exchange, raise patriotic fever, and help burn the energies of the
youth and distract the masses from their daily hardships, it can never
beat national security and socio-economic development in terms of its
political significance. By asking Jang to chair the National Sports
Commission, the young North Korean leader, less than a year into
power, might have begun to nudge his uncle out of important policy
In January 2013, speculation arose that Jang had been quietly promoted
to top decision-making Politburo Presidium member, as his official
hierarchy position was elevated, displacing then-Chief of General
Hyon Yong-chol and his own wife Kim Kyong-hui. An analyst
argued that Jang might be appointed president of the presidium of the
Supreme People's Assembly
Supreme People's Assembly (making him the nominal head of state of the
DPRK) or premier, replacing officeholders who were in their 80s.
Jang Song-thaek promoted the construction of a new bridge over the
Yalu River between the Chinese city of Dandong and the Korean city of
Sinuiju. As of December 2013[update], the bridge was nearly
completed. That same month, Jang was not invited to the meeting of
top North Korean officials handling national security and foreign
affairs, following a rocket launch on 12 December 2012, and new
international sanctions in response. Following Jang's fall from
power, an analyst noted that Jang's "glaring absence" at the January
2013 meeting "signaled the emergence of a possible crack in the senior
leadership, especially in the relationship between Kim and his
all-powerful uncle, raising the possibility of divergent approaches
between Kim and Jang" on
North Korea foreign policy.
In late May 2013, Choe Ryong-hae, a vice-chairman of Central Military
Commission and director of the KPA General Political Department, was
sent as Kim Jong-un's first special envoy to China, passing over
Jang. An analyst viewed this as a "striking" choice, and noted
that "it appears that as the perceived '
China man in Pyongyang'",
Jang's "perceived close ties with
China may have done a disservice to
his standing in the eyes of Kim, exposed him to criticism of being too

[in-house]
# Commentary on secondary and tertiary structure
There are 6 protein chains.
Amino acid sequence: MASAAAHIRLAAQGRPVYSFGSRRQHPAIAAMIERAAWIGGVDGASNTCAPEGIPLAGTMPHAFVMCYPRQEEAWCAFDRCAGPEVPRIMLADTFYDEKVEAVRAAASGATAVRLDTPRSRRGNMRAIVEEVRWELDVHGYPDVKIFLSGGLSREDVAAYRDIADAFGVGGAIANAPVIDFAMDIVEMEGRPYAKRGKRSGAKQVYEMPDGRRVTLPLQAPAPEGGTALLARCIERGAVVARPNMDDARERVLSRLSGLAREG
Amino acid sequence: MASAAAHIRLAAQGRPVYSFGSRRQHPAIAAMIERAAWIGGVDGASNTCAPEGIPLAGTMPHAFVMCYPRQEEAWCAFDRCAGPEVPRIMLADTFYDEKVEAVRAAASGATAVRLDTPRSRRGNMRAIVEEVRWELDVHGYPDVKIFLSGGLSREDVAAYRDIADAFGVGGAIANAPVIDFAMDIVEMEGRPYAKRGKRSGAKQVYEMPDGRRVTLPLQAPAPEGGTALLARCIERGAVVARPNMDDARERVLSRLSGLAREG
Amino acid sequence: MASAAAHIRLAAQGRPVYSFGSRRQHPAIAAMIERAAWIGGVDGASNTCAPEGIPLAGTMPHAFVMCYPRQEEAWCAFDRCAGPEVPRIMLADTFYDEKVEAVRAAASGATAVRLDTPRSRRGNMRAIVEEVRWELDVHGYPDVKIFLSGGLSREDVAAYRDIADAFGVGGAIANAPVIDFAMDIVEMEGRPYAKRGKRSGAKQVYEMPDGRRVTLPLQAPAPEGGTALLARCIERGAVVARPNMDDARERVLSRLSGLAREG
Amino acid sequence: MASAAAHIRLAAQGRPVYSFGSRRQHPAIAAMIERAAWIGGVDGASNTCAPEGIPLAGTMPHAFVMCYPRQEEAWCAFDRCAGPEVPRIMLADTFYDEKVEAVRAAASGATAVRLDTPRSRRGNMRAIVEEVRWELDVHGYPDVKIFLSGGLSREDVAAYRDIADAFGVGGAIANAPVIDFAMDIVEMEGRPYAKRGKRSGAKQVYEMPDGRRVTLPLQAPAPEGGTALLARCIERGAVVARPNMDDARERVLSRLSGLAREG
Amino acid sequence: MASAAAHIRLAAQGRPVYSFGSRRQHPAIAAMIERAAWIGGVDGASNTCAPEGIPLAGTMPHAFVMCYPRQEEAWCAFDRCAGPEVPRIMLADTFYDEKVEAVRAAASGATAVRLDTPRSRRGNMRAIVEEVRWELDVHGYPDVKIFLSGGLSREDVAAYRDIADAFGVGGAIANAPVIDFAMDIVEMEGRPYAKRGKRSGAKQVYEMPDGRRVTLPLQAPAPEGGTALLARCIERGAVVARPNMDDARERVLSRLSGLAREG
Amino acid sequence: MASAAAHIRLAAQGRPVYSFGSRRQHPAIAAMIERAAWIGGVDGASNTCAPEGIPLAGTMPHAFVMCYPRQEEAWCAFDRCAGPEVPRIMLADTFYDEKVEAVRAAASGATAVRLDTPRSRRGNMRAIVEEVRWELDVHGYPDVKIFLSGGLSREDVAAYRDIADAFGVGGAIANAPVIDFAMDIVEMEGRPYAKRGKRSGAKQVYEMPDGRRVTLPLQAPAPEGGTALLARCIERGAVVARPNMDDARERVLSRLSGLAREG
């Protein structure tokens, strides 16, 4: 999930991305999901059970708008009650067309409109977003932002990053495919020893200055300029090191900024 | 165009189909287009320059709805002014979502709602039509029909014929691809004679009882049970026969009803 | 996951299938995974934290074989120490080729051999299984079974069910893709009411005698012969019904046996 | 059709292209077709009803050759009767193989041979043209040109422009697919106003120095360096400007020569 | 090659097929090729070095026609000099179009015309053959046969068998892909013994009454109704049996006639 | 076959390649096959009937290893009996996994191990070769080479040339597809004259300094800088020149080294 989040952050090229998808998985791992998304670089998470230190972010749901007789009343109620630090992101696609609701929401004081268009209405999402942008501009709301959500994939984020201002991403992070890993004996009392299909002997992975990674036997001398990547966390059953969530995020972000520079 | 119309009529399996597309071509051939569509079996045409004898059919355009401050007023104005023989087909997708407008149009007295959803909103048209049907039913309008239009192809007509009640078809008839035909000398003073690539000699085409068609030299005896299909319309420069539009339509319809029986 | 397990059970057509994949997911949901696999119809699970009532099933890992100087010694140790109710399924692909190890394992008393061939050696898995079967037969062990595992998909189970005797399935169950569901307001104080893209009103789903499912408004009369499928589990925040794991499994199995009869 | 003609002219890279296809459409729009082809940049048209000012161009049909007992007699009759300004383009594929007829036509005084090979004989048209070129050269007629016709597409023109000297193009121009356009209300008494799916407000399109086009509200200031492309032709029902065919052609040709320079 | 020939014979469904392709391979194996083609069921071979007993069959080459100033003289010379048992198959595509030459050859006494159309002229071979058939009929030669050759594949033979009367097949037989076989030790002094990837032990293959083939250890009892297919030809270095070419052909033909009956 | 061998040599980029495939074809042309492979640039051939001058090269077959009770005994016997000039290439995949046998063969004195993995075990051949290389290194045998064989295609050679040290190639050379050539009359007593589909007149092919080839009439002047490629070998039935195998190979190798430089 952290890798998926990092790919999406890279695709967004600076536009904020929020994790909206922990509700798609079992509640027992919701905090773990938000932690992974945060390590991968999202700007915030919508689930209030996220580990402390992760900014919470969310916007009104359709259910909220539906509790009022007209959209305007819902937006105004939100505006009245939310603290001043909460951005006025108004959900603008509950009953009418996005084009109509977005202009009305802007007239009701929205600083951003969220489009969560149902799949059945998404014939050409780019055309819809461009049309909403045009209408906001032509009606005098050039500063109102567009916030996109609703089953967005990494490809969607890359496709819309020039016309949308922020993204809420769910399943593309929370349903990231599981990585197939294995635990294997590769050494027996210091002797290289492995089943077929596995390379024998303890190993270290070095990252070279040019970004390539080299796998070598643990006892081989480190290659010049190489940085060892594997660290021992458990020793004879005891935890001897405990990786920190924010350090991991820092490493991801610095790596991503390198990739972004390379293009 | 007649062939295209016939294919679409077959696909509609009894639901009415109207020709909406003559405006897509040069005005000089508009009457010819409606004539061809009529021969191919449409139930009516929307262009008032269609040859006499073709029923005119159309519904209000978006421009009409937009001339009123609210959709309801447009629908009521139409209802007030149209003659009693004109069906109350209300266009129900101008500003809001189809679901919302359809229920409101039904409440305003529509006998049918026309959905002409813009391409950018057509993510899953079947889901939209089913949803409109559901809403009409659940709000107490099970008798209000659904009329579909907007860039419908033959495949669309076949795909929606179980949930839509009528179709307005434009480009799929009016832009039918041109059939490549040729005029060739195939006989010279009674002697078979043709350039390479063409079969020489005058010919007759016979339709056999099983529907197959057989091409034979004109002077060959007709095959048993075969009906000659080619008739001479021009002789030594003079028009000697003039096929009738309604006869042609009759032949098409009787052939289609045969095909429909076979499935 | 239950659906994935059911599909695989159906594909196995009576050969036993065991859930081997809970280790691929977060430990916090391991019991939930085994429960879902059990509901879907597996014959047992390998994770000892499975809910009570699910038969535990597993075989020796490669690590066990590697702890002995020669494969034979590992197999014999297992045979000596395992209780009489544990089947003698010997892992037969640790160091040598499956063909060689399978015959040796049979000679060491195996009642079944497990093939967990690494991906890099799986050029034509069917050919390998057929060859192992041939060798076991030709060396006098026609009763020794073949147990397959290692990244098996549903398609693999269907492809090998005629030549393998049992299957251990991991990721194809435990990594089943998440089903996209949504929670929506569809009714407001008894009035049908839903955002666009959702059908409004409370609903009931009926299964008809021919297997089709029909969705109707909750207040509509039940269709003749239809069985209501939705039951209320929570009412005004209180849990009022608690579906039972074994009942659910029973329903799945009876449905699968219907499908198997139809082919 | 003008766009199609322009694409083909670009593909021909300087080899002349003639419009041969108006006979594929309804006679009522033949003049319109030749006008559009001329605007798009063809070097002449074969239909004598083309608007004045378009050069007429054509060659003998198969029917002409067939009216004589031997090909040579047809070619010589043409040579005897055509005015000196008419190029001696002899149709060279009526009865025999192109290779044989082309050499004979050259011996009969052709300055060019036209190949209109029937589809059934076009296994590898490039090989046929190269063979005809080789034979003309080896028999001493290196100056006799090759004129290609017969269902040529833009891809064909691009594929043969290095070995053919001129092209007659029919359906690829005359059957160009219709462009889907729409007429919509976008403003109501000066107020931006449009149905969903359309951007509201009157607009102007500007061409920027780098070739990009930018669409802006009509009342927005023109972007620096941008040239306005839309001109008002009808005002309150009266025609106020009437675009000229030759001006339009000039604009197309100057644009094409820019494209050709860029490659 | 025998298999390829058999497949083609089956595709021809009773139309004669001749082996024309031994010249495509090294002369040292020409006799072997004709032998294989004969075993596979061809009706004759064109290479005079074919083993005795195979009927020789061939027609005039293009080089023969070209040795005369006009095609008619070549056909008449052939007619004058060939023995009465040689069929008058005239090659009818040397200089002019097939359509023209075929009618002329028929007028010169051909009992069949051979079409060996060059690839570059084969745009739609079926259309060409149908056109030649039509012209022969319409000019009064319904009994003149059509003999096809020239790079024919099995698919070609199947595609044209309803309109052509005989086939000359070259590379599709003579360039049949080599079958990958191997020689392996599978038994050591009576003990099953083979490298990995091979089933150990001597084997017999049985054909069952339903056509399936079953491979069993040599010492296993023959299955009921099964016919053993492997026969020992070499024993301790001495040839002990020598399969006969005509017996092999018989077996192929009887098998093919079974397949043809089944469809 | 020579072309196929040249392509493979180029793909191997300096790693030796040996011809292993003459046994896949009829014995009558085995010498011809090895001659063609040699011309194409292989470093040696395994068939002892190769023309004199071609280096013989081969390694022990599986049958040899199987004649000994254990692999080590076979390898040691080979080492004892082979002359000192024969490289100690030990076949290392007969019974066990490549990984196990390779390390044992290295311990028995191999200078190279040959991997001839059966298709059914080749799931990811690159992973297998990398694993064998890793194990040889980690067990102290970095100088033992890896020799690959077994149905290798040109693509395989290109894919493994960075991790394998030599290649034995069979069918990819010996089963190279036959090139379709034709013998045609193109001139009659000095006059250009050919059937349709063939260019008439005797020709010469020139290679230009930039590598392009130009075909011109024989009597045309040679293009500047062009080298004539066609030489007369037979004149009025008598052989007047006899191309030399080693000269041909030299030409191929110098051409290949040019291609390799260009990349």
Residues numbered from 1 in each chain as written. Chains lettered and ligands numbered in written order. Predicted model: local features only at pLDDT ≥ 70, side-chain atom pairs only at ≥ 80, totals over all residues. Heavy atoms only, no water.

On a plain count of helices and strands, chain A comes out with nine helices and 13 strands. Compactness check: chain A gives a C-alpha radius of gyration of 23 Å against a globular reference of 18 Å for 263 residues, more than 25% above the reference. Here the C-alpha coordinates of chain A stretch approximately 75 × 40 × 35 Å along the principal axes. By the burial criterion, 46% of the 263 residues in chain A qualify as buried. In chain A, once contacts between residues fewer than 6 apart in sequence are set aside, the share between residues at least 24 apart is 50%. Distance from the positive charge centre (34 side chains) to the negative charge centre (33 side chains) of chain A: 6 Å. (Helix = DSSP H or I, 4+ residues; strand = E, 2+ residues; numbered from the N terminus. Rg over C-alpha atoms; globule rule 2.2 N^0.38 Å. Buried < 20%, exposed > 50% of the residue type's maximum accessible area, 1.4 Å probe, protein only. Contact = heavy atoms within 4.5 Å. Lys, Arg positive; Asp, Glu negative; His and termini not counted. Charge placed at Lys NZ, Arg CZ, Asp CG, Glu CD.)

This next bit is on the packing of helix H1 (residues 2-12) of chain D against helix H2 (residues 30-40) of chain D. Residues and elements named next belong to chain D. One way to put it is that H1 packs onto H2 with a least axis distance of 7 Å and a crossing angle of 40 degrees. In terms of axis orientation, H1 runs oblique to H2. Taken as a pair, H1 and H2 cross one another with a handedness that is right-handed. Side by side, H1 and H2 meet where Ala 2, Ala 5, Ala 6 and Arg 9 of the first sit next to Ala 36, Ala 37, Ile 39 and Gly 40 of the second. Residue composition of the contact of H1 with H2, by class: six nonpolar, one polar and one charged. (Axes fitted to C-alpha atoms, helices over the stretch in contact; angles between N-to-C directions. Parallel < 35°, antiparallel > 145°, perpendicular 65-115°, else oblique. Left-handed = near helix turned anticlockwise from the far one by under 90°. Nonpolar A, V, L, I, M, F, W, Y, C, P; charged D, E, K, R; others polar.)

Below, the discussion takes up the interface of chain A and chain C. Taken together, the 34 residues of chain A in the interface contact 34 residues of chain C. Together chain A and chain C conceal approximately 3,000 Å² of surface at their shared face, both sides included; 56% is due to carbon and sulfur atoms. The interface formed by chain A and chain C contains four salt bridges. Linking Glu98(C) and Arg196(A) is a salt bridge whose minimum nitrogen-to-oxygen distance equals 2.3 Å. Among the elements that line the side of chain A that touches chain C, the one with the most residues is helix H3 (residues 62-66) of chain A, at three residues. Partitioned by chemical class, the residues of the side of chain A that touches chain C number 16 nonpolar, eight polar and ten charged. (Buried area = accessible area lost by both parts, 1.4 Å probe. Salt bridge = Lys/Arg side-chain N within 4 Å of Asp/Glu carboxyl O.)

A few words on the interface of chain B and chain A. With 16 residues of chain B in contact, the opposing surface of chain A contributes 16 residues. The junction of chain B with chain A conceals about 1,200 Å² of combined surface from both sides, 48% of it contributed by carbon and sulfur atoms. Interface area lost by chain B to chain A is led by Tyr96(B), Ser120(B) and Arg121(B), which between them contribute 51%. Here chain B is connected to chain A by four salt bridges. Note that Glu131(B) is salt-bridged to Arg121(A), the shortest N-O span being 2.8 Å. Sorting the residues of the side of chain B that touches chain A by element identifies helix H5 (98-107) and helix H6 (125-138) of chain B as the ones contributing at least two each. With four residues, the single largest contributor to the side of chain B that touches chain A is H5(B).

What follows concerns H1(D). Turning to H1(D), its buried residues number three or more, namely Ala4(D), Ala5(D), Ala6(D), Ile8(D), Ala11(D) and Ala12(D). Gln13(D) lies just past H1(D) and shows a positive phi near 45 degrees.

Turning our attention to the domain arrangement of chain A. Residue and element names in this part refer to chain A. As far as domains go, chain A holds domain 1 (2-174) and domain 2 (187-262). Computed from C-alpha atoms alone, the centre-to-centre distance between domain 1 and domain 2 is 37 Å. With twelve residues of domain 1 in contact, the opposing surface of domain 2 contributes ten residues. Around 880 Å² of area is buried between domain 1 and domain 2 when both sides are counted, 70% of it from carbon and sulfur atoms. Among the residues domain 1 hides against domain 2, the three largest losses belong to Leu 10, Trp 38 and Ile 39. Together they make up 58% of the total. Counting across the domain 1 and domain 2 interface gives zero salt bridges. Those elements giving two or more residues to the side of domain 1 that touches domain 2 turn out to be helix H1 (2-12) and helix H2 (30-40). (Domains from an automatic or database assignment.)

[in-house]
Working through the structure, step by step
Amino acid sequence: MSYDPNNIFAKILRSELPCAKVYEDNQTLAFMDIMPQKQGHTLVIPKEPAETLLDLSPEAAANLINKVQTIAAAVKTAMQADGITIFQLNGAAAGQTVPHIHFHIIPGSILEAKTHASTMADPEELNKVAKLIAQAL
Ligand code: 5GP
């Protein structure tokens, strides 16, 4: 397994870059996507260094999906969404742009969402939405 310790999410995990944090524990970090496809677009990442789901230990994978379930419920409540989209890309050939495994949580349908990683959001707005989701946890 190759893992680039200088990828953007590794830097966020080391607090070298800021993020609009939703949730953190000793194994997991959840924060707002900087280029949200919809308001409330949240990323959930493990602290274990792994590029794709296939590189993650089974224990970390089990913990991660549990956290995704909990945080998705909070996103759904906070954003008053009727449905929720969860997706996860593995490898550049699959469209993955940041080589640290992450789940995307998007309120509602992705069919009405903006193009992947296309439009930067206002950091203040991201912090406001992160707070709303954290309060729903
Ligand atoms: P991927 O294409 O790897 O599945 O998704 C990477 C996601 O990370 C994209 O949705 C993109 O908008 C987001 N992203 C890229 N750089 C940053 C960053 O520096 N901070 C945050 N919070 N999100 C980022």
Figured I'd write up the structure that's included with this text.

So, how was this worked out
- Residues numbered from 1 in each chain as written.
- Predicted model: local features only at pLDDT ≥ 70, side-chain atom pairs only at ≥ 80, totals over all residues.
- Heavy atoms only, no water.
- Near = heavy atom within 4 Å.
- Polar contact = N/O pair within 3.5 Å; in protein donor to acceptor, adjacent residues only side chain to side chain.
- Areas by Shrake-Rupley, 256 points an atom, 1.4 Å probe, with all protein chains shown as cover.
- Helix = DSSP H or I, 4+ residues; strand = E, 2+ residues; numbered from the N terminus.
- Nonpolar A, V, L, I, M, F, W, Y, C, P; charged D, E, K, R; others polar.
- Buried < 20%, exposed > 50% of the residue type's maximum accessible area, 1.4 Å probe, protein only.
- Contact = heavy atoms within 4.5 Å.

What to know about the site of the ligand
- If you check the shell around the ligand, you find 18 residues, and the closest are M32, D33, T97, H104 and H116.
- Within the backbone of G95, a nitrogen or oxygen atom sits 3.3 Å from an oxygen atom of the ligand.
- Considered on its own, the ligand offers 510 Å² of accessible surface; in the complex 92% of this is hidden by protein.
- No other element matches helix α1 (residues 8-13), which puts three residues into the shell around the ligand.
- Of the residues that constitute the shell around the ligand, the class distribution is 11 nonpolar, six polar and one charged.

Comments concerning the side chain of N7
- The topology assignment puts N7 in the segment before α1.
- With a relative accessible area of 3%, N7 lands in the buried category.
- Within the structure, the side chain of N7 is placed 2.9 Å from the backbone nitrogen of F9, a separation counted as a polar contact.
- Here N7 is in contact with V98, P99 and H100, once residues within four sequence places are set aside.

subservient to China, and made him vulnerable to any anti-China
backlash in Pyongyang". Thought to have been particularly
Kim Jong-un were Jang's "continued expression of
sympathy towards" Kim Jong-nam—Kim Jong-un's half-brother and Kim
Jong-il's eldest son—who was living in exile under Chinese
protection at the time.
According to the New York Times, the final straw came from a dispute
over control of North Korea's west coast fisheries. These had been
partly taken from the military by
Kim Jong-un in 2011, but later this
decision was reversed and the fisheries were ordered returned to the
military. Forces loyal to Jang defied the transfer, leading to a
confrontation in late 2013, in which several North Korean soldiers
Kim Jong-un were killed. Subsequent reinforcements sent by
Kim Jong-un seized control of the fisheries.
Soon after, in November 2013, Jang's senior aides Lee Yong-ha and Jang
Soo-kee were executed. Lee was reportedly accused of abusing
his authority, while Jang Soo-kee was found guilty of trying to
organize a new faction and rejecting the system.
Jang had not been seen in public since. On 3 December he was dismissed
from his post. On 7 December, his appearances were obscured or
edited out from a news report (originally aired in October) that
re-aired on Korean Central Television.
On 8 December,
Jang Song-thaek was publicly expelled from the ruling
Workers' Party of Korea
Workers' Party of Korea (WPK), with state media attributing this to a
decision of the Politburo. Jang was accused of having committed
"anti-party, counter-revolutionary factional acts" that included
illicit affairs with women; harboring "politically-motivated
ambition"; weakening "the party's guidance over judicial, prosecution
and people's security bodies" and obstructing "the nation's economic